The proposed ordinance would shut down well-established, responsible owners of shared housing like New Directions, because this type of housing is not licensed. One of New Directions' houses does have a license, but only because it provides more intensive drug & alcohol treatment, so it is licensed by the California Department of Alcohol & Drug Programs. But the other houses are for veterans further along in their recovery, and no license exists for this type of housing with services, known as "supportive housing."
(The author of the commentary is the CEO of New Directions, just for full disclosure.)

Labels: , ,

DOJ Finds Oregon's Reliance on Sheltered Workshops Violates Olmstead

The big news while I was in hiding:  The U.S. Department of Justice issued a letter finding that the State of Oregon "is failing to provide employment and vocational services to persons with intellectual and developmental disabilities in the most integrated setting appropriate to their needs, in violation of the ADA," because the state "plans, structures, and administers its system of providing employment and vocational services in a manner that delivers such services primarily in segregated sheltered workshops, rather than in integrated community employment."

The Oregonian explains what it all means, in an article that begins:
The United States Department of Justice is warning Oregon to help people with intellectual or physical disabilities find jobs in the community or the federal government will go to court and force the state to do it.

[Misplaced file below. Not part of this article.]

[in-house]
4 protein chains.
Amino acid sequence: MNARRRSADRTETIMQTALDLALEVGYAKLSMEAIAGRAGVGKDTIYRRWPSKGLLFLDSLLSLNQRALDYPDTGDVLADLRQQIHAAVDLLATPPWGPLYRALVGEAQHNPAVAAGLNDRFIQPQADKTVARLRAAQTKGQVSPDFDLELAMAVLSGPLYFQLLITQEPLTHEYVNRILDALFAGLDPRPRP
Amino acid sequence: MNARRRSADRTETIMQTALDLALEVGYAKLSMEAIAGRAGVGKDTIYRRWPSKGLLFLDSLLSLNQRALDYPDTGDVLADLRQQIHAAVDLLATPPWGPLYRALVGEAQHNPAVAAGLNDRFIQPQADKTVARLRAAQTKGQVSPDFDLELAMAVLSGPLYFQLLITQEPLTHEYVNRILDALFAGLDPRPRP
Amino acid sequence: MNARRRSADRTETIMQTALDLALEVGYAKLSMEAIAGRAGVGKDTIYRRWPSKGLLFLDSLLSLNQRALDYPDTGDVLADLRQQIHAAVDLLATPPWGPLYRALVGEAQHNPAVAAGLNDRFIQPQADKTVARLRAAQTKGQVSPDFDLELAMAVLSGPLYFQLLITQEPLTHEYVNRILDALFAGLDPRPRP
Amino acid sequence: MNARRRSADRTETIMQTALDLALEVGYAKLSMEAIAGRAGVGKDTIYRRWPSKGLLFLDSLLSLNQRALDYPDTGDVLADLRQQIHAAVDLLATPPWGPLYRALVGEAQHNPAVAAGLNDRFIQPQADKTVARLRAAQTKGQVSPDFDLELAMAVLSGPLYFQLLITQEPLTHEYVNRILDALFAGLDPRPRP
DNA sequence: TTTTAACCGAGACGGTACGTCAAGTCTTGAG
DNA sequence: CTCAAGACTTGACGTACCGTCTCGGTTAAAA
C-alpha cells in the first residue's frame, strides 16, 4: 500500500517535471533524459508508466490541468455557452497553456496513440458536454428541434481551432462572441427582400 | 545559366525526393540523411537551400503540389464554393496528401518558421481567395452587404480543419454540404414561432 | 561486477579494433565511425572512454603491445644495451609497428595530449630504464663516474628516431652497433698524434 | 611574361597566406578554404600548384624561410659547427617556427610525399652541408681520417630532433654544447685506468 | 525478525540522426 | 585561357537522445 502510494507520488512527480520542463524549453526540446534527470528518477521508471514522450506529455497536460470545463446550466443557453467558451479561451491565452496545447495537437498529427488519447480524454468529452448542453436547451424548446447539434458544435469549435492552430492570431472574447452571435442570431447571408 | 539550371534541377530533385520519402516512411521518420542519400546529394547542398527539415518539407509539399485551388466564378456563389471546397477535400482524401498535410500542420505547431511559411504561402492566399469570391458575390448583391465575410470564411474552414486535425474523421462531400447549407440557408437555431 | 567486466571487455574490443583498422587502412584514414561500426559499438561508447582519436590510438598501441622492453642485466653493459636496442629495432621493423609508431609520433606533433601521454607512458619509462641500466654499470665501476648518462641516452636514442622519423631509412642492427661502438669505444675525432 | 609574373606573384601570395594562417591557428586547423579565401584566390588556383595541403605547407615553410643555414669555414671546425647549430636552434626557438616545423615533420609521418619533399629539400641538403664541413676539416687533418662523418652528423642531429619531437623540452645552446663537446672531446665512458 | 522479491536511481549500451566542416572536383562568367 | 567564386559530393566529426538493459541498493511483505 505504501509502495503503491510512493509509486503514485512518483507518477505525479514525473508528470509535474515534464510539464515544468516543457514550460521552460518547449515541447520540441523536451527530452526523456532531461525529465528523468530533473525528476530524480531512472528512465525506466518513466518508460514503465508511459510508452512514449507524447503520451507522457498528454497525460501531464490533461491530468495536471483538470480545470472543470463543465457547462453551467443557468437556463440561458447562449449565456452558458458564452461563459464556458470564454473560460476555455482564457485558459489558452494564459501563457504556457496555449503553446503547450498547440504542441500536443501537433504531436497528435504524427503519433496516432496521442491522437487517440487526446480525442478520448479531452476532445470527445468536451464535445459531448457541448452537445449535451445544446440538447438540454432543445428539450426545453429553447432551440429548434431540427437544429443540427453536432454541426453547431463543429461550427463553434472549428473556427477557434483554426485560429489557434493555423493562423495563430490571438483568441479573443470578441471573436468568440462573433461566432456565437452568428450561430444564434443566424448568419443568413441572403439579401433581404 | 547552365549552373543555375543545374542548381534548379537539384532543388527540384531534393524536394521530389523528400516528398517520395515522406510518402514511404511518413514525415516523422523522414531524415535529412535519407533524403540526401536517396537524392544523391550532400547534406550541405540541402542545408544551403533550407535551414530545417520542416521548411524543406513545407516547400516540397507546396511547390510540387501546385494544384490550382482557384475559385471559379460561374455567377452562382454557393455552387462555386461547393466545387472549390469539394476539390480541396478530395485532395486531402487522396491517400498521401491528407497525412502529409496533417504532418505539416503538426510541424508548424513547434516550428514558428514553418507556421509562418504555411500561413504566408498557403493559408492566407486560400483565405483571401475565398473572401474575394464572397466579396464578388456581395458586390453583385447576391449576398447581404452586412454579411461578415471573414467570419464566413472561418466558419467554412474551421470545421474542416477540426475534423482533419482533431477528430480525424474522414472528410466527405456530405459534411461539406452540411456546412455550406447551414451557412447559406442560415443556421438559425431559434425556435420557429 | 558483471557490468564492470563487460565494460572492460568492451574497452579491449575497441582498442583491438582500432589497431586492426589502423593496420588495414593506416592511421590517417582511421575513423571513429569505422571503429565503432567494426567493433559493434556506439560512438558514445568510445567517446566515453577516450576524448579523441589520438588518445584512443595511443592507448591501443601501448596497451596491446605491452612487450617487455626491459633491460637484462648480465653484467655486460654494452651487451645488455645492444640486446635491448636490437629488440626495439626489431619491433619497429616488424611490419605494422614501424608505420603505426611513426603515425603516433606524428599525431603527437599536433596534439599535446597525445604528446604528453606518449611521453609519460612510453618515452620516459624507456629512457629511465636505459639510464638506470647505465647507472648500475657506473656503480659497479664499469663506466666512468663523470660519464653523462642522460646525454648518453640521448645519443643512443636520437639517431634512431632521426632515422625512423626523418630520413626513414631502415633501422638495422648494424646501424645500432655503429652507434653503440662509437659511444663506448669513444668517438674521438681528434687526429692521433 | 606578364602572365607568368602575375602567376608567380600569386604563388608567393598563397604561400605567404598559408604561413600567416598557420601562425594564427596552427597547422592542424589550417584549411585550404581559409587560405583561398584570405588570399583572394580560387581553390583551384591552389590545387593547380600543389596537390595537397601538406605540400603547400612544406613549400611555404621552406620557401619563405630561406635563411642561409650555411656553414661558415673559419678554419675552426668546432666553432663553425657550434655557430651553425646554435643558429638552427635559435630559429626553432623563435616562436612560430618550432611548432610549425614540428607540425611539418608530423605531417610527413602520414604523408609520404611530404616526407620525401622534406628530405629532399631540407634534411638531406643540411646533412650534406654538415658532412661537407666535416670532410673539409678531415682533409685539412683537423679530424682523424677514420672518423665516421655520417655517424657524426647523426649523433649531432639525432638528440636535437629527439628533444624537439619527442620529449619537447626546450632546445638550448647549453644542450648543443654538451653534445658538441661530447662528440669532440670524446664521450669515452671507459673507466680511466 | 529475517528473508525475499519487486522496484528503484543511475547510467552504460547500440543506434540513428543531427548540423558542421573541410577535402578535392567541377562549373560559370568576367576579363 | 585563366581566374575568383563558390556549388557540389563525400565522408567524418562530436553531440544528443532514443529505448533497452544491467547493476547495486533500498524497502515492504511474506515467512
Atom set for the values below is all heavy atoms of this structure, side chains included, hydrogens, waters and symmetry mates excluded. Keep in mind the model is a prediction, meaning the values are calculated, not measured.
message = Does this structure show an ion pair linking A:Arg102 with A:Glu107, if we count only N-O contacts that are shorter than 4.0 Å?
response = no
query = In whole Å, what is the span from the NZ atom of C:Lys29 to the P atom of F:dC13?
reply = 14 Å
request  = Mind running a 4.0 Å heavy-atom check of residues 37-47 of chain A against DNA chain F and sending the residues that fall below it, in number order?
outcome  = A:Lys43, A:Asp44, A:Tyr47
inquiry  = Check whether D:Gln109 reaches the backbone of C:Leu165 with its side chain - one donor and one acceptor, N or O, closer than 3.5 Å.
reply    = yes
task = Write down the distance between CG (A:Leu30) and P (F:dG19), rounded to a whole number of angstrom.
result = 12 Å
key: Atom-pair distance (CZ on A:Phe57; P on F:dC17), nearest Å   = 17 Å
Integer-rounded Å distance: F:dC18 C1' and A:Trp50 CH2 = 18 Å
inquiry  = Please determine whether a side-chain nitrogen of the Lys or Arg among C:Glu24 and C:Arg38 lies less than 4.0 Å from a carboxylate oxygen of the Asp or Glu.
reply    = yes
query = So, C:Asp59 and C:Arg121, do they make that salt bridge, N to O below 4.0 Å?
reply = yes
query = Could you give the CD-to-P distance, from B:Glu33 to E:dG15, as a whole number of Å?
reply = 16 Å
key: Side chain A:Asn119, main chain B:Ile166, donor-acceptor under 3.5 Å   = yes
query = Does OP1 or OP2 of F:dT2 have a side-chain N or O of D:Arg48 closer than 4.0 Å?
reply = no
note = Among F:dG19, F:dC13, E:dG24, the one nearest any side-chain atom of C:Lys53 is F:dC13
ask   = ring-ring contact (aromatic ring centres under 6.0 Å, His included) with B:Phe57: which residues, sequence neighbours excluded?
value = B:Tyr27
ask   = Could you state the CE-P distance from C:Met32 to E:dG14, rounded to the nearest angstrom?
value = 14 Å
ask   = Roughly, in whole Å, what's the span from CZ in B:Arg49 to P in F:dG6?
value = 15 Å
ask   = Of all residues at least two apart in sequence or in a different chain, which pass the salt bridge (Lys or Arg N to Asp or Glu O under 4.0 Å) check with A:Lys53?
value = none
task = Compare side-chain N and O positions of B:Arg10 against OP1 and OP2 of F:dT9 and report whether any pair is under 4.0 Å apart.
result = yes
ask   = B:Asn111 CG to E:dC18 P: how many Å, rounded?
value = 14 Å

Following a nine-month investigation, the Justice Department sent a 20-page letter to the Oregon attorney general late last week outlining its problems with state programs offering employment and vocational services for disabled workers.

Bottom line: Too many in Oregon are forced to work sub-minimum-wage jobs doing rote tasks in what are called "sheltered workshops."
As readers of this blog know, Oregon's heavy reliance on sheltered workshops is the subject of ongoing private Olmstead litigation, in which the Department of Justice had already filed a brief.

Goren on the Second Circuit's NYC Taxi Decision

William Goren has this post on the Second Circuit's recent decision in the New York City taxi case.  The key takeaway:
What does this all mean? It means that for purposes of the Americans with Disabilities Act, there is a big difference between the regulations issued by a public entity and the people or entities subject to those regulations. Unless those regulations mandate discrimination, the Americans with Disabilities Act is not going to allow a title II claim to proceed.

Labels: ,

Morning Edition on Pool Lifts

Returning from my own little Fourth of July recess . . .

Yesterday NPR's Morning Edition had this story on the ADA pool lift regulations, now scheduled to go into effect in January.  It's a pretty good treatment.

Labels: ,